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Despite the devastation wrought after 196 years of battling trolls – killing two-thirds of the Commonwealth – the united army of Liraehne cleared the lands. The great Fanaal Emperor Tian’Tal pushed the trolls to the edge of the Frontier, making a stand at the outpost of Tarn, but it was the leadership of Queen Kalynn Wytestarr who led the final victory within the Crax. Of those who went to war, many would never return home, some not because death claimed them but because their wounds made travel impossible, and the outpost swelled into a city.

As Tarn grew, with farmers and families restoring a sense of normal after so much loss, the great heroes and leaders began to pass into legend and new powers began to arise to fill the voids left behind. 

This is the story of one of them.

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Cariss Mesila

Part Forty: Dead on Arrival

“Your fault!”

The shout echoed away and back, thrumming through wisps of gray and black, striking the three figures as they moved through the Shadow Realm, sending them reeling. With no point of reference, the spin caused the edges of vision to blur while stomachs churned as if from a sudden drop. More importantly, it sent them reeling away from the portal about to open in the Gnomic garden at the mountain’s base.

“Can this wait?” Cariss asked, her normal tone on the edge of panic.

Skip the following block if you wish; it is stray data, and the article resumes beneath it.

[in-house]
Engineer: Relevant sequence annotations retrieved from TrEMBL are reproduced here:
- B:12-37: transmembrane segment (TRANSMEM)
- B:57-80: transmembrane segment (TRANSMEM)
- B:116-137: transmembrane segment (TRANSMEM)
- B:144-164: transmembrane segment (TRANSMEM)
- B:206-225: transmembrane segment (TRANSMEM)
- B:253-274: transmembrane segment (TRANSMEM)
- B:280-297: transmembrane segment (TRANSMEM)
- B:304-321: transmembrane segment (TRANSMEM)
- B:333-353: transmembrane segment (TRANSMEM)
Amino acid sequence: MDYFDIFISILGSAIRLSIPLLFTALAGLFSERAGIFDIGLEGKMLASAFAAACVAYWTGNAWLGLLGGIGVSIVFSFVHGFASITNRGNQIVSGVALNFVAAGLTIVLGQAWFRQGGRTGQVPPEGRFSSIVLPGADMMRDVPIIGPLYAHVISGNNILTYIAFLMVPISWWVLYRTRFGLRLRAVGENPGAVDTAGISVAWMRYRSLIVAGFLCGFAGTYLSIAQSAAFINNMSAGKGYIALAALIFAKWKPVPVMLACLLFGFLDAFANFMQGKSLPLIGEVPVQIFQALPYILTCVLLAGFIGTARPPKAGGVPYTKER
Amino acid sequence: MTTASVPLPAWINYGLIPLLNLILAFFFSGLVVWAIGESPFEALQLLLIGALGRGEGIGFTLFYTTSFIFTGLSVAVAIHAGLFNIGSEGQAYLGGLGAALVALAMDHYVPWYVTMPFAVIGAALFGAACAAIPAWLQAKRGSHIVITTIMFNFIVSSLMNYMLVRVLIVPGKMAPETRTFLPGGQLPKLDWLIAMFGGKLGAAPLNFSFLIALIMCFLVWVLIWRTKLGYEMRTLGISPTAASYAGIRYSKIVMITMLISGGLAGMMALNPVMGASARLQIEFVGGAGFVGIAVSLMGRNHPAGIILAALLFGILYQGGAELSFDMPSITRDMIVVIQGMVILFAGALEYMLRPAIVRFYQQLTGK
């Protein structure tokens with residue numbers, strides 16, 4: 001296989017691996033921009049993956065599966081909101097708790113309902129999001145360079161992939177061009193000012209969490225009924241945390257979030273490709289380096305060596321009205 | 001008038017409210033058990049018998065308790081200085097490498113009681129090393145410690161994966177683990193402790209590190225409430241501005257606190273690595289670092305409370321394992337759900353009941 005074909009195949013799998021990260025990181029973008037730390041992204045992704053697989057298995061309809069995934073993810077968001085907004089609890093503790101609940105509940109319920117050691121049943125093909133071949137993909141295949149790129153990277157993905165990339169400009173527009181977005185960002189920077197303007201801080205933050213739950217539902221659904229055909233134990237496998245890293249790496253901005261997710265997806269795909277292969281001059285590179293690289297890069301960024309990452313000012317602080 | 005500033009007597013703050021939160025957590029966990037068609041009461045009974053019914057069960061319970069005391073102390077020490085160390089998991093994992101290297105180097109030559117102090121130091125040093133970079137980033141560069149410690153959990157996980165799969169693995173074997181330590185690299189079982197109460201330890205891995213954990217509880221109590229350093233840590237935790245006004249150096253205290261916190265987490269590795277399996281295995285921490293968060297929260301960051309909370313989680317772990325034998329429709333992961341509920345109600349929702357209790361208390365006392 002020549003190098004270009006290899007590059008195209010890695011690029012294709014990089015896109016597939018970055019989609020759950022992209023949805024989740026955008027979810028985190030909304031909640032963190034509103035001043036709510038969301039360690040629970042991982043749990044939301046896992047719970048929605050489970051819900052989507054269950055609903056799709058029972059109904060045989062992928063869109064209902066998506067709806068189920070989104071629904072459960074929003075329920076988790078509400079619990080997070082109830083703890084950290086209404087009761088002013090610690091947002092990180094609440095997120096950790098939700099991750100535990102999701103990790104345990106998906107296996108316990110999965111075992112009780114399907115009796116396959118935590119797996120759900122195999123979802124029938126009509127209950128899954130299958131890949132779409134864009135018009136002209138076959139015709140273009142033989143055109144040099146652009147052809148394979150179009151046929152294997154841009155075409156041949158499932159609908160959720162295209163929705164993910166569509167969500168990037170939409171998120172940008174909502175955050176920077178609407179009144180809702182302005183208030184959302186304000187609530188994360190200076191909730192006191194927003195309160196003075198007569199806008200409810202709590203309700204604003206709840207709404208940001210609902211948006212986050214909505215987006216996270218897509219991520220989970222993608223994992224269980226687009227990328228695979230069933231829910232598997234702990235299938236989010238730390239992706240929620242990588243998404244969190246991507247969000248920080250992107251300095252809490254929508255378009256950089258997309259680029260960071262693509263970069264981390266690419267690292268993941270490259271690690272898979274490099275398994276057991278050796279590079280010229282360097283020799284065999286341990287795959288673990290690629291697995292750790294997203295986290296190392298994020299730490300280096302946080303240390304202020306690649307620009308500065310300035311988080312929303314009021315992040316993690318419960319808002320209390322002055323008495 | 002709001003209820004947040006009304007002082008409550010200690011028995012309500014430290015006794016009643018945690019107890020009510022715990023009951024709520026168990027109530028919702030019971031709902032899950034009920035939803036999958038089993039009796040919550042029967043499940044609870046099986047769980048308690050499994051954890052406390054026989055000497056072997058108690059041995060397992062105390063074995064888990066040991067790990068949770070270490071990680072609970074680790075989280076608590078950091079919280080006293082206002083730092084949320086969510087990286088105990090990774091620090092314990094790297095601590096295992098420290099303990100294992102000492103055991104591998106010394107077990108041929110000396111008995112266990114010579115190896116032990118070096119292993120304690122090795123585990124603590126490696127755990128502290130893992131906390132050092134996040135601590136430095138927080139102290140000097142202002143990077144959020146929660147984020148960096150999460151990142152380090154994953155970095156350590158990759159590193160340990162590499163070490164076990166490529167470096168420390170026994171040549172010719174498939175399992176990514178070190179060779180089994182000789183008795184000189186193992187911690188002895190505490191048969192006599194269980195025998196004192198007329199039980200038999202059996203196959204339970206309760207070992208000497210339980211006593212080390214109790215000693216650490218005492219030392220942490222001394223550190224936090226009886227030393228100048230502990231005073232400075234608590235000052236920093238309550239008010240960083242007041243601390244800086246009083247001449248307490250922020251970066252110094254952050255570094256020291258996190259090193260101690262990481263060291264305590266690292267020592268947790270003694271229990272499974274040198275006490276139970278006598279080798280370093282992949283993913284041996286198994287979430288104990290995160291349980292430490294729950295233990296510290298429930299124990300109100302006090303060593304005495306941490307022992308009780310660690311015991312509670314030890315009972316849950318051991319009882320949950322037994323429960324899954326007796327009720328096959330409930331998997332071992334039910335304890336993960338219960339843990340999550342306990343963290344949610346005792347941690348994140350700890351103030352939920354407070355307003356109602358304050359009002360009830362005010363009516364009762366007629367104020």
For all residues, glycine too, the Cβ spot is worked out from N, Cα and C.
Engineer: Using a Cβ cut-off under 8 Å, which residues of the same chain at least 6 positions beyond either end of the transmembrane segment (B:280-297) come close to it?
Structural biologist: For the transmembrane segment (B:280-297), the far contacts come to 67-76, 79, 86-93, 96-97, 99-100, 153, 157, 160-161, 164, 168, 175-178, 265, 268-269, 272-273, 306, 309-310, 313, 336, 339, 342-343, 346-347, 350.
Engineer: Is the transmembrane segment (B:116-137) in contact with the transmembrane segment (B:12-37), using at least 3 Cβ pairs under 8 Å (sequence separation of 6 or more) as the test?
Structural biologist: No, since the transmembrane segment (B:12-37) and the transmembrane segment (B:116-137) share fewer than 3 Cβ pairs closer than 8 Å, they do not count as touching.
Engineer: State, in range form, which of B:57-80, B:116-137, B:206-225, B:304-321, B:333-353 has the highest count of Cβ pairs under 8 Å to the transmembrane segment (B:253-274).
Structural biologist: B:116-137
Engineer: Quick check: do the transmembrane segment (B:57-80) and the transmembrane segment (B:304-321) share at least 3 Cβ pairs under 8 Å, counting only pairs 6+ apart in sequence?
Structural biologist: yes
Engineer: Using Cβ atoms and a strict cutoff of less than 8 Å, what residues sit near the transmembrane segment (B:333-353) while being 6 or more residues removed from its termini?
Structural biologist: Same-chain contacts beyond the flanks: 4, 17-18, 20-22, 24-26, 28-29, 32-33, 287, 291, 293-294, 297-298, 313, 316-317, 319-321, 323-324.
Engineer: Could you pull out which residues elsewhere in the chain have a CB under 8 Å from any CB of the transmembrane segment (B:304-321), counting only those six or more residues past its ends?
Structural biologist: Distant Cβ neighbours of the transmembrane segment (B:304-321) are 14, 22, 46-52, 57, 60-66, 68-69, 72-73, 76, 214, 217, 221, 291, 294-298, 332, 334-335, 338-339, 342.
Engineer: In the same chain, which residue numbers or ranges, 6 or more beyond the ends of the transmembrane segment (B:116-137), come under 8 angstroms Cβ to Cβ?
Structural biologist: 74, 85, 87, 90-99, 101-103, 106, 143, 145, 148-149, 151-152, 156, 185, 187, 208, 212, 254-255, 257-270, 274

“Quiet, both of you! If we lose contact with one another, you’ll be lost here forever.” Closing his eyes, Onvical sought another point to open the portal out. While he held onto the Braidon’s thick leather belt with one hand, Cariss held the other in a grip that ground his knuckles painfully together, making it difficult to concentrate.

“Liar!” the Braidon shouted. Without a firm purchase to throw the punch, Torgin could not put his weight behind it, but it still hit like a hammer. Bright bursts shone behind Onvical’s eyelids as his head craned sideways from the impact. Though both hands reflexively opened, he somehow managed to maintain contact with the Braidon.

With all sense of direction lost, Onvical looked back in time to see a second punch headed his way. Her movements a blur, Cariss redirected that fist so that it only caught the top part of his nose. Pain flashed behind his eyes, and blood gushed from the dislocated nose, causing it to sit further to the left side of his face, yet he somehow managed to renew his grip on Torgin’s belt.